Miriam Moss gave a wonderful talk about her new book at the CWIG conference in Bath, with the result that her book sold out within minutes of the talk ending. I bought the book later, and I’m very glad that I did.
This is an extraordinary tale, written by an established writer of children’s fiction who just happened to have lived through the real life terrifying ordeal of a four day hijacking.
In 1970, teenaged Miriam was travelling from her family’s temporary home in The Middle East back to boarding school in England. Two aeroplanes had been hijacked by Palestinian guerillas in the previous couple of days, and were now parked in desert in Jordan as the hijackers made their demands and threatened to blow the planes up with all on board. Suddenly, in mid-flight, there was a man with a gun, and another with suitcase of explosives, on Miriam’s own flight. Following the hijackers' demands, that Boeing 747 with over a hundred people on board joined those others, parked in the desert with the clock ticking towards the terrorists’ deadline for death.
Miriam did survive, and she went back to ‘normal’ life. Her school felt that the best way to help her overcome that traumatic experience was to act as if it had never happened. For over forty years the experience lay dormant. Then she mentioned it to her publisher, who told her she must try writing about the experience. She wasn’t sure she could, but began researching and remembering and finding things from that time, and found that she could write about it, but in fictionalised form because of course she couldn’t remember every conversation that had happened, and because to write about other people on the plane who are still alive wouldn’t be fair on them.So this story is fiction, but heavily based in reality. It is the story of fifteen year old Anna, the four days of her hijacking ordeal, and a day or two either side of that. It is written in the first person in short chapters headed with a time and place. Most of the text gives Anna’s point of view as she and her co-hostages endure the extreme heat and cold of the desert, lack of food and drink, and, of course, the threat of death by being blown-up or shot one by one is Prime Minister Heath doesn’t agree to release their comrade back in the UK. The mix of extreme boredom and extreme terror is well handled, along with the relationships she develops with other passengers, crew, and even the hijackers. But we also get glimpses of Anna’s parents’ and brothers’ experiences through all this, particularly Marni’s (as she calls her mother). Maybe it’s because I am a mother of daughters that I found those parts the hardest to read, and their eventual reunion weepily moving!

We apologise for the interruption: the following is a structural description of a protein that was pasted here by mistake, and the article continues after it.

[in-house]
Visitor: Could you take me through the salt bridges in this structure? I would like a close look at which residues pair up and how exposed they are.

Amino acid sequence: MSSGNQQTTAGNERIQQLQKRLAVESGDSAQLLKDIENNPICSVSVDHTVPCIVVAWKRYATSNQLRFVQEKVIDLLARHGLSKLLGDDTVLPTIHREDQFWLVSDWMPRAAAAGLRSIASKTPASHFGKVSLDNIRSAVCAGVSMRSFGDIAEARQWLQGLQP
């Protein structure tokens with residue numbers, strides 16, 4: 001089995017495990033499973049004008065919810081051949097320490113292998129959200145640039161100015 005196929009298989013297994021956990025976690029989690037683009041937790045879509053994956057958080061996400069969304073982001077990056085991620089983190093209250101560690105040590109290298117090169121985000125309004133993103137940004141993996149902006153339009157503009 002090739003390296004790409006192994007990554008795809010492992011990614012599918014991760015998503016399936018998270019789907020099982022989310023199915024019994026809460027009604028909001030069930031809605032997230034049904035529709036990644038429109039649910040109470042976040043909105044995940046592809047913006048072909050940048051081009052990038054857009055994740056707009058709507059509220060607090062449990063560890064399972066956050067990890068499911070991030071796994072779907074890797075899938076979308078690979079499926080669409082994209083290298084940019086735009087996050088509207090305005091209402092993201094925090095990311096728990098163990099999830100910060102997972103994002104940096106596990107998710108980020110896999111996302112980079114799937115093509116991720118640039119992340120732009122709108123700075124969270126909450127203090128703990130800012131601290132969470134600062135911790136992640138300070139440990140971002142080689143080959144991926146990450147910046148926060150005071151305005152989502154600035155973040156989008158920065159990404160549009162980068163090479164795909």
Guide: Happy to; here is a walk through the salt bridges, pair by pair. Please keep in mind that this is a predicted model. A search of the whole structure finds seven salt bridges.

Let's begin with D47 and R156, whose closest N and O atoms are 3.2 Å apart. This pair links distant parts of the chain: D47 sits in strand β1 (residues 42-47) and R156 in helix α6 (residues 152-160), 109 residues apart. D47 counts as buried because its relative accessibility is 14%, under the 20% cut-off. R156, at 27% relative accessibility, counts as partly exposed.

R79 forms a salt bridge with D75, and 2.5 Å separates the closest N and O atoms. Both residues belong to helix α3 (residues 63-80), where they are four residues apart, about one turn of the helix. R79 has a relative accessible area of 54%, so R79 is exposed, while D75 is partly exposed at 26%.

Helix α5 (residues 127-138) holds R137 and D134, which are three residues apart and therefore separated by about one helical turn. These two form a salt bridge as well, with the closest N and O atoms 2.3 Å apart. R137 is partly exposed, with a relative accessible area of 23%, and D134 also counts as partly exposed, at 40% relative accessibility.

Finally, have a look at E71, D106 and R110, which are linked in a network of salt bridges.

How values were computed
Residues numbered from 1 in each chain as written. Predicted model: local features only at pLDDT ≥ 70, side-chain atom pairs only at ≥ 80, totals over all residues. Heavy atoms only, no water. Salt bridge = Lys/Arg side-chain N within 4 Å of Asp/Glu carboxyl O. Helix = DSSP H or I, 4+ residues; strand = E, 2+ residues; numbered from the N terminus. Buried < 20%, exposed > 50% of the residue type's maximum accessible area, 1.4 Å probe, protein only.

This is a compelling and relatively short read, simply told but with a voice that (apart from odd use of very modern dialogue) utterly convinces as it tells the story in a way which I’m sure is different from the way a writer making it up would work things. We’d expect Anna to surely hate the plane that has been her explosive-primed prison, and yet, when freedom comes, she is scared to leave it and reacts with grief when she sees the plane blown-up on the television news. Who would dare make up the scene in which the hostages are lined-up on the desert for a flock of journalist and photographers to photograph and interview? And yet it happened, and you can look online to see the resulting photographs.
We are given some insight into the plight of the Palestinians driven to the desperate acts of kidnap and murder, and that’s interesting. But the real story here is Anna’s experience. That stays with you long after finishing reading.
Return to REVIEWS HOMEPAGE